Liability Law and Uncertainty Spreading
46 Pages Posted: 7 May 2014
Date Written: February 28, 2014
This paper investigates the ability of liability rules to allocate uncertainty. Uncertainty includes both the standard risk and the ambiguity that arises when the causal link between conduct and harm is not conclusive, as is frequently the case with toxic torts. The optimal features of the strict liability rule and the negligence rule are obtained. Strict liability proves superior to negligence when harms are uncorrelated and victims are at least as uncertainty-averse as the injuring party. Negligence is preferable when harms are correlated and victims are numerous. Thus, negligence proves particularly apt to address systematic harms, such as those arising from design defects and warning failures. The main results also apply when accidents are bilateral and when parties can purchase insurance from an uncertainty-averse insurer.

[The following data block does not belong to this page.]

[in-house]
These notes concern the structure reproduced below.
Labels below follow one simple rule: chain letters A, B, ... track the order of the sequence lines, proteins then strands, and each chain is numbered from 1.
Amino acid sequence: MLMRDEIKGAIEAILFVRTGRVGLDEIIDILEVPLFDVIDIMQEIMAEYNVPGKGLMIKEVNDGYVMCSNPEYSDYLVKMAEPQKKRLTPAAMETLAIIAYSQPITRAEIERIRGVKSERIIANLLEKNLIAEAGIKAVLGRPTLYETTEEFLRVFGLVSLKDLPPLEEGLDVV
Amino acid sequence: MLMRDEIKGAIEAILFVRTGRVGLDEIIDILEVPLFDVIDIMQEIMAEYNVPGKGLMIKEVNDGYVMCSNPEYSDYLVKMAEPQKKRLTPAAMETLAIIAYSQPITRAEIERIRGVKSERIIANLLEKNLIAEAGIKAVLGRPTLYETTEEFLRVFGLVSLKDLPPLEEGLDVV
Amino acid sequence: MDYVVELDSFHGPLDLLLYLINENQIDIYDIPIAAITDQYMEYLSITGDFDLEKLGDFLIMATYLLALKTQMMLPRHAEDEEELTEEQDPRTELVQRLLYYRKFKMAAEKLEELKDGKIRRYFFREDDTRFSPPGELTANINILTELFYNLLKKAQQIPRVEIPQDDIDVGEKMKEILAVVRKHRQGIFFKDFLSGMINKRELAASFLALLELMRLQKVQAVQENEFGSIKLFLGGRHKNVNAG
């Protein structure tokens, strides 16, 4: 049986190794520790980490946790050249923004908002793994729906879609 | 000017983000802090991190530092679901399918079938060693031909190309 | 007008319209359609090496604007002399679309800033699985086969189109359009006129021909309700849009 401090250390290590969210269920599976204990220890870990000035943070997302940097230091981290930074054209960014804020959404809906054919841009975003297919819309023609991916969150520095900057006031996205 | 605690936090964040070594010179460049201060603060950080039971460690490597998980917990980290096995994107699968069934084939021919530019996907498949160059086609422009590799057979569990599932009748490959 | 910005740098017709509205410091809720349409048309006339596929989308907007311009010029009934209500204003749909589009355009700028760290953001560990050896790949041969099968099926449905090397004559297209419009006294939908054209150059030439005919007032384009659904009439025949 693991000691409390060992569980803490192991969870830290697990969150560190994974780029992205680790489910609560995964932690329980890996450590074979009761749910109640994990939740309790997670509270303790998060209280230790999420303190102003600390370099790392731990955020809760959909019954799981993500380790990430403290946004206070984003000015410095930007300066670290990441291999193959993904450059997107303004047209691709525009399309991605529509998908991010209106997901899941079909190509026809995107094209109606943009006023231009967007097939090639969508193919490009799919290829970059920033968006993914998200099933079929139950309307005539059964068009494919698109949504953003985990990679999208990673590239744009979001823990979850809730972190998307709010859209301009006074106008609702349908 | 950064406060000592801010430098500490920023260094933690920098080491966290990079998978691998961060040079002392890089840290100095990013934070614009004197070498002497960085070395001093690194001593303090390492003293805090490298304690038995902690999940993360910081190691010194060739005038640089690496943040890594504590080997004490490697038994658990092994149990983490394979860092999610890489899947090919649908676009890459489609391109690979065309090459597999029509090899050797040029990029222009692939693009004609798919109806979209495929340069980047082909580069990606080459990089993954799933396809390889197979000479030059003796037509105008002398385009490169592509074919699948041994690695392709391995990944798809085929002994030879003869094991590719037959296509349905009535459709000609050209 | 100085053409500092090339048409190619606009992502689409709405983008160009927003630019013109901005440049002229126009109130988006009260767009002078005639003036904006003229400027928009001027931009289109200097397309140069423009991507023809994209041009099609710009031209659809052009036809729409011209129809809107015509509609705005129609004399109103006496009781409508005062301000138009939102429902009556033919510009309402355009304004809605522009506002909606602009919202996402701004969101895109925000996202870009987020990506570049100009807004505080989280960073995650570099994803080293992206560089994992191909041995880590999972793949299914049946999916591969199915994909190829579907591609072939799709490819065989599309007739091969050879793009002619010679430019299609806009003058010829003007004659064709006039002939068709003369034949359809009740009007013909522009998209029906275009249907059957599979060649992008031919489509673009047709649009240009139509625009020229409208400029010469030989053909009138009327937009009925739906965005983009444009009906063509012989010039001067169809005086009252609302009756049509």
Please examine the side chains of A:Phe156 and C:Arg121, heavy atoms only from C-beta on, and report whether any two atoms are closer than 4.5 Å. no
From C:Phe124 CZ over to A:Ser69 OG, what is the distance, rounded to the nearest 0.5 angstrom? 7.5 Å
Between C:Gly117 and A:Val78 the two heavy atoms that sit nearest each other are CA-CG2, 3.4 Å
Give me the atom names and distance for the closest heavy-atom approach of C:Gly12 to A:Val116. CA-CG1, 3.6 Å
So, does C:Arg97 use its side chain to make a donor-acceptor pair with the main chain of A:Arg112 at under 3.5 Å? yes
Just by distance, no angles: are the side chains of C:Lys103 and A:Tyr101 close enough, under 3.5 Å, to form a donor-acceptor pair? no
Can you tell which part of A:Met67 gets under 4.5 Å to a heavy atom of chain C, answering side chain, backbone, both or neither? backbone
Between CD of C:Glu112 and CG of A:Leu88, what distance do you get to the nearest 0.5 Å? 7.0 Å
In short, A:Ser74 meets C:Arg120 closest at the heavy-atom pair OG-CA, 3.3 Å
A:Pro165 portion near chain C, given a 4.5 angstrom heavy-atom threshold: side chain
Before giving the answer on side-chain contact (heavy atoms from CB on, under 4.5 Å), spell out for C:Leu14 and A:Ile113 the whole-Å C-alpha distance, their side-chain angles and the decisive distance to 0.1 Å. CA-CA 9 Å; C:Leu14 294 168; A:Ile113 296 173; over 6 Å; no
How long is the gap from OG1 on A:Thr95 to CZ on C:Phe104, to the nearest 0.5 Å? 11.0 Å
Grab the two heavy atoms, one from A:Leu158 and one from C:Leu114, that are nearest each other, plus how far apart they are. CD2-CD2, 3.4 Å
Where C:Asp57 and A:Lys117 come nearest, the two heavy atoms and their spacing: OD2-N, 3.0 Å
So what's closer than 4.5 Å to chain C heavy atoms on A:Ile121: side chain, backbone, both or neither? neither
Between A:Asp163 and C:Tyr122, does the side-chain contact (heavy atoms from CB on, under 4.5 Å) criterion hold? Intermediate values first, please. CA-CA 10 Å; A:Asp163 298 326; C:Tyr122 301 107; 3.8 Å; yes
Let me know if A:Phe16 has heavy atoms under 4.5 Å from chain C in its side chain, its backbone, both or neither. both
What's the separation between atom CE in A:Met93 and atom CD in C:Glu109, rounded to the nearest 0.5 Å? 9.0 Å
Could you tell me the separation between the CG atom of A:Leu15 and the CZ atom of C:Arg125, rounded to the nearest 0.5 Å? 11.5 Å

Keywords: products liability, scientific uncertainty, ambiguity, toxic torts.
JEL Classification: K13
Suggested Citation: Suggested Citation